In November 2014, she received treatment with radiosurgery for venous hemangioma of the left cavernous sinus and in 2015, was diagnosed with Hashimoto's thyroiditis. The last revision was made in February 2019, with stabilization of interstitial lung involvement and normal levels of Cg A and u 5-HIAA. She continues with chronic cough without dyspnea.

Case 3

A 60-year-old female was referred in May 2014 to our pneumology department in the context of a history of more than 30 years of evolution with dry cough and exertional dyspnea for two years. She was a nonsmoker. The chest radiograph showed a bilateral micronodular pattern with a paracardiac nodular image in the right lower lobe (RLL). She is the sister of the patient in Case 2. The pulmonary function test was altered (FEV1 27%, FVC 52%, and DLCO 49%). CT showed bilateral apical pleural thickenings and opacity with loss of volume in the middle lobe (ML), with multiple pulmonary nodules in both lobes up to 11 mm (Figure 1C). Bronchoscopy did not show any finding, but a transbronchial biopsy was performed on RLL and ML. The definitive pathology results are summarized in Figure 2.

The study was completed with a PET-CT (pathological uptake in the ML lesion with SUV max of 3.87 and uptake of the rest of the bilateral pulmonary nodules with SUV max of 3.52), Octreoscan (with pathologic uptake in ML, Figure 3), plasma CgA (normal), and u-5-HIAA (high levels of 25 micrograms in 24 hours). Despite the elevated levels of u-5-HIAA, the patient didn´t have clinical signs compatible with carcinoid syndrome. The study was extended with an echocardiogram that was normal.

In the context of uncontrolled cough with habitual medication, positive Octreoscan, and elevated levels of u-5-HIAA, it was decided to start treatment with lanreotide depot 120 mg subcutaneously every 28 days. During the first three months, cough improvement and decrease of u 5-HIAA to 14 micrograms in 24 hours were achieved. Grade 2 diarrhea, abdominal pain, and headache presented as side effects of the lanreotide treatment, so the dose was lowered to 90 mg every 28 days with a slight improvement in tolerability. After nine months of treatment, the lanreotide was discontinued at the request of the patient. There was no improvement in the pulmonary interstitial involvement in the posterior CT scans. The Octreoscan was repeated one year after the end of the lanreotide, with negativization of the pulmonary uptake. She continued with chronic cough and moderate effort dyspnea. The CT scan in April 2019 showed stabilization of the interstitial lung involvement. Cg A was negative and u-5-HIAA was 12 micrograms in 24 hours.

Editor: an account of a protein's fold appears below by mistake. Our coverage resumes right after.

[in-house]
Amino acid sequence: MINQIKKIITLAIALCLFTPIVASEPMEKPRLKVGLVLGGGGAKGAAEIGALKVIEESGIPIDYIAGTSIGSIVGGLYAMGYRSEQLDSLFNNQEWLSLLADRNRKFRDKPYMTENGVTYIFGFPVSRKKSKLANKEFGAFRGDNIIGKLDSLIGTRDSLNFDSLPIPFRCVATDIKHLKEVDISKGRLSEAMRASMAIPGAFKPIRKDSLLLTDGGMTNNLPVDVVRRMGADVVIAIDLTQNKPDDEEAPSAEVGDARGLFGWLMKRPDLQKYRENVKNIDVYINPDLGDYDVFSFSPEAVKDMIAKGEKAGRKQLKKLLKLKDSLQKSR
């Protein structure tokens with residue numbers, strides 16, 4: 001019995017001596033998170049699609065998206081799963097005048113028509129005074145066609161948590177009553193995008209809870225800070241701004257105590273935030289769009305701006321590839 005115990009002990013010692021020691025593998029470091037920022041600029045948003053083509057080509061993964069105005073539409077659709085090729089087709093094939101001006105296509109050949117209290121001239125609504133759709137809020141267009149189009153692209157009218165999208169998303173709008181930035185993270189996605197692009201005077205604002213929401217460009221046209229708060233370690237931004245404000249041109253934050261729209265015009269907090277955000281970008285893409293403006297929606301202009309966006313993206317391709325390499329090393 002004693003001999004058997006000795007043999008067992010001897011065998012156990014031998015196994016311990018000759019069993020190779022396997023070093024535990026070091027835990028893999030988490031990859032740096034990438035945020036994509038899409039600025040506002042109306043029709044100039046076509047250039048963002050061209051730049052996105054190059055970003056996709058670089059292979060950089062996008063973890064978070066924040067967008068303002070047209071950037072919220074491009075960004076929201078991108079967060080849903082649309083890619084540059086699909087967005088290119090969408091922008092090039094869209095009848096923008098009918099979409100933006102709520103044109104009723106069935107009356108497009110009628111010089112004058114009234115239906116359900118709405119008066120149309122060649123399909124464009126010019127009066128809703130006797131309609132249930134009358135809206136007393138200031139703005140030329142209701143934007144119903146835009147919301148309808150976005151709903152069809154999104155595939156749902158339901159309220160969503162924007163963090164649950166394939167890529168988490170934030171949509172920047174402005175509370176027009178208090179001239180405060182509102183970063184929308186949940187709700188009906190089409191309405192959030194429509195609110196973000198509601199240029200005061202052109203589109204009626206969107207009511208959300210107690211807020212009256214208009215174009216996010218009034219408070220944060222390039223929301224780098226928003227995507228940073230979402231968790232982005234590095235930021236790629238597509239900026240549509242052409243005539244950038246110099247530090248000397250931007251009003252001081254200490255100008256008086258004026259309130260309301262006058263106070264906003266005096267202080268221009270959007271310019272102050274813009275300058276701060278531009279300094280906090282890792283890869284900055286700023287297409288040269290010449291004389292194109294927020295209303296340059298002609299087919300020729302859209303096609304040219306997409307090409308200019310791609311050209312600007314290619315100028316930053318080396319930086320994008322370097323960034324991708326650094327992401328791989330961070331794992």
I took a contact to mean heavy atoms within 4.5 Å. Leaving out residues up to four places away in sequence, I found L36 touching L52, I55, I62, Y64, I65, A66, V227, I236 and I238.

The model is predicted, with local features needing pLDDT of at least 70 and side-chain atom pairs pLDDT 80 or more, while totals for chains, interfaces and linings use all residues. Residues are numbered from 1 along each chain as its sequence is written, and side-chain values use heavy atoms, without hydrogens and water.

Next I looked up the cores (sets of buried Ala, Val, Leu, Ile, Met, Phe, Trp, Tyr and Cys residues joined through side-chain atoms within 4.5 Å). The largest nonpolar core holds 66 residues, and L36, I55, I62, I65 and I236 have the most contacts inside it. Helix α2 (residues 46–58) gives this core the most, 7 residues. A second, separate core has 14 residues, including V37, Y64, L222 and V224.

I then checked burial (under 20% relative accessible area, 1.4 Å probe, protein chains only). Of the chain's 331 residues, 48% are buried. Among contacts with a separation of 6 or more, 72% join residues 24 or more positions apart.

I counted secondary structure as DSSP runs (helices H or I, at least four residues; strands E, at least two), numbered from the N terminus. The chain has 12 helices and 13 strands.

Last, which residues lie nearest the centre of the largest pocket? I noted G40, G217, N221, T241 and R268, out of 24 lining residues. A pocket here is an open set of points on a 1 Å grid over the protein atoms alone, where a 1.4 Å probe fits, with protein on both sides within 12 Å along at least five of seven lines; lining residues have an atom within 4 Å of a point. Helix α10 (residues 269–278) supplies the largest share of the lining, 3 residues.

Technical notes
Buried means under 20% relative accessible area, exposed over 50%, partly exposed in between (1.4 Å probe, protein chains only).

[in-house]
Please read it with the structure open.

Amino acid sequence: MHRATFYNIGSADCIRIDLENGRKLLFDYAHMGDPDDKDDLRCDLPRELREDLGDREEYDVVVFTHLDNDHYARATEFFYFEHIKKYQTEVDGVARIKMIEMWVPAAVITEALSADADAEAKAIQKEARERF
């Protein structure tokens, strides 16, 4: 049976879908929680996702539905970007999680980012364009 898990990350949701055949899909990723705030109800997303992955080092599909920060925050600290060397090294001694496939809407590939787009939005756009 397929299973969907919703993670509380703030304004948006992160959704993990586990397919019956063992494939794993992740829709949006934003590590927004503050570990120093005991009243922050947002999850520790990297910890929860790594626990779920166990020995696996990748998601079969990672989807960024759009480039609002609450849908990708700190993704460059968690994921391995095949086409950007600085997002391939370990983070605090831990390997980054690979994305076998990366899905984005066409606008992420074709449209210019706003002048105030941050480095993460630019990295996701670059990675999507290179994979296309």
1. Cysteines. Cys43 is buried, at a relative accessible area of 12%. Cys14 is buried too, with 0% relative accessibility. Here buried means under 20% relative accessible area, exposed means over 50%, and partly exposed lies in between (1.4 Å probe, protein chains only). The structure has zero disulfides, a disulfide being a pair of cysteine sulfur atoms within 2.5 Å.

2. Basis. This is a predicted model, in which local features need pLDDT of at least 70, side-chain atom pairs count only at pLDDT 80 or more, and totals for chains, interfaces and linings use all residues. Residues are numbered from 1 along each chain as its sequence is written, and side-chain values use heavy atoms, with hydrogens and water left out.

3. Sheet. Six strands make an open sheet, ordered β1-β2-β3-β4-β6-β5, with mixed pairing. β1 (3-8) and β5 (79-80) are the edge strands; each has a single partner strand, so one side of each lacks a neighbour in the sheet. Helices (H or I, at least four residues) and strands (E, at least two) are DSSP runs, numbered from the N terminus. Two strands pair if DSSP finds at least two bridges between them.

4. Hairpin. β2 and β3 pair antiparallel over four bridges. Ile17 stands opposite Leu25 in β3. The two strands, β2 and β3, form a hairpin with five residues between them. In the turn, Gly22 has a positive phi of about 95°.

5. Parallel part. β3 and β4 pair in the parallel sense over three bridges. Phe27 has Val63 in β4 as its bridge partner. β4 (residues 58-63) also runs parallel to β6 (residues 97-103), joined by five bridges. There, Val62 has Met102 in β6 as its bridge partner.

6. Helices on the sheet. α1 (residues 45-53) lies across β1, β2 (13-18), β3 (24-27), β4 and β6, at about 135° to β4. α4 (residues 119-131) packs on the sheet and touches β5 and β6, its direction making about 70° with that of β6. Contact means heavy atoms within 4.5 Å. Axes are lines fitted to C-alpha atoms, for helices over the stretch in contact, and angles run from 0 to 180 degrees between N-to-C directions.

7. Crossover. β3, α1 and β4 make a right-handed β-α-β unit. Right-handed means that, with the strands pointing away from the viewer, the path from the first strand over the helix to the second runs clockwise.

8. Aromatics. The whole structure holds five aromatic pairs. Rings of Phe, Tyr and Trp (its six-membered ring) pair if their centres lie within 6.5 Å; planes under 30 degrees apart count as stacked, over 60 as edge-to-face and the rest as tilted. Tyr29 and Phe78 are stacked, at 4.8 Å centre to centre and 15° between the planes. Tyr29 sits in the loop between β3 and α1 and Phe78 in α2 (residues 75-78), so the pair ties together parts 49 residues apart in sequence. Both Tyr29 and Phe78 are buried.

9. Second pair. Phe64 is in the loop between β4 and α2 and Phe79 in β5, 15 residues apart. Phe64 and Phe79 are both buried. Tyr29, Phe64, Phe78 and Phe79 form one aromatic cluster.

Case 4

A 67-year-old female was evaluated in November 2015 in the pneumology department for dyspnea of years of evolution and chest tightness. She was a non-smoker, suffered obesity and osteoporosis, and had surgical resection for hyperparathyroidism. Thoracic CT showed linear and reticular opacities, some of them tending to coalesce and consolidate, with a predominantly peripheral distribution (Figure 1D). Bronchoscopy provided no significant information but a transbronchial biopsy was performed on RLL and ML. The pathology results were multifocal, micronodular, with linear cell proliferation, immunohistochemistry (Synaptophysin +) and morphologically suggestive of neuroendocrine hyperplasia, limited to the bronchiolar epithelium and peripheral peri-adjacent pulmonary parenchyma, which respects the basal membrane of the remitted respiratory epithelium. There were alterations in the pulmonary function test (FEV1 44%, FVC 65%, and DLCO 29%). CgA, u-5-HIAA, and Octreoscan were normal.

About three months later, the patient started with pyrosis, postprandial pain, anorexia, and weight loss. An endoscopy and new body CT revealed a stenosing pyloric neoplasm. Biopsies confirmed the diagnosis of HER2-negative gastric adenocarcinoma. The staging was uT3 N1 Mx. She started neoadjuvant chemotherapy treatment with the EOX scheme (epirubicin, oxaliplatin, and capecitabine). She was admitted to the intensive care unit after two weeks (February 2016) due to influenza A virus bilateral pneumonia and died days later due to respiratory distress syndrome.

Discussion

DIPNECH is an entity that becomes more common in the literature every year [4]. Most patients are females between the fifth and sixth decades, non-smokers, with obstructive lung symptoms and peripheral lesions [5]. The demographics and presentation of disease in our cases support the current literature with the exception of two patients (50%) who were smokers/former smokers (Table 1).

Patient Sex Age Smoking status Symptoms Duration of symptoms Imaging findings Type of lesion
1 Female 48 Smoker Chronic cough and dyspnea. Multiple years Multiple bilateral nodules Tumorlets + Carcinoid
2 Female 55 Former smoker COPD and chronic cough 10 years Multiple bilateral nodules Tumorlets + Carcinoid
3 Female 60 No smoker Chronic cough and dyspnea. >30 years Bilateral apical pleural thickenings and multiple bilateral nodules Tumorlets
4 Female 67 No smoker Dyspnea and chest tightness Multiple years Bronchiectasis and opacities Tumorlets Lung + Gastric Adenocarcinoma

The classical histopathological features of DIPNECH include a widespread proliferation of small bland uniform cells within the epithelium, showing a lack of mitoses or necrosis, accompanied by neuroendocrine features, such as the fine soft chromatin pattern and immunoreactivity to neuroendocrine markers [6]. A pathology-based approach by Marchevsky et al. [7] aimed at distinguishing DIPNECH from reactive neuroendocrine cell hyperplasia (NECH) suggested that the presence of multifocal NECH associated with ≥ three tumorlets could represent a pathological criterion for the diagnosis of DIPNECH.

Although in our series, there is a family association of two sisters affected by DIPNECH, there is no clear evidence of family aggregation/germline genetic alterations in this entity. The possible association between DIPNECH and pulmonary adenocarcinoma is described [8], but not with other types of tumors. However, two of our patients (50%) have a metachronous tumor (perianal squamous cell carcinoma and gastric adenocarcinoma).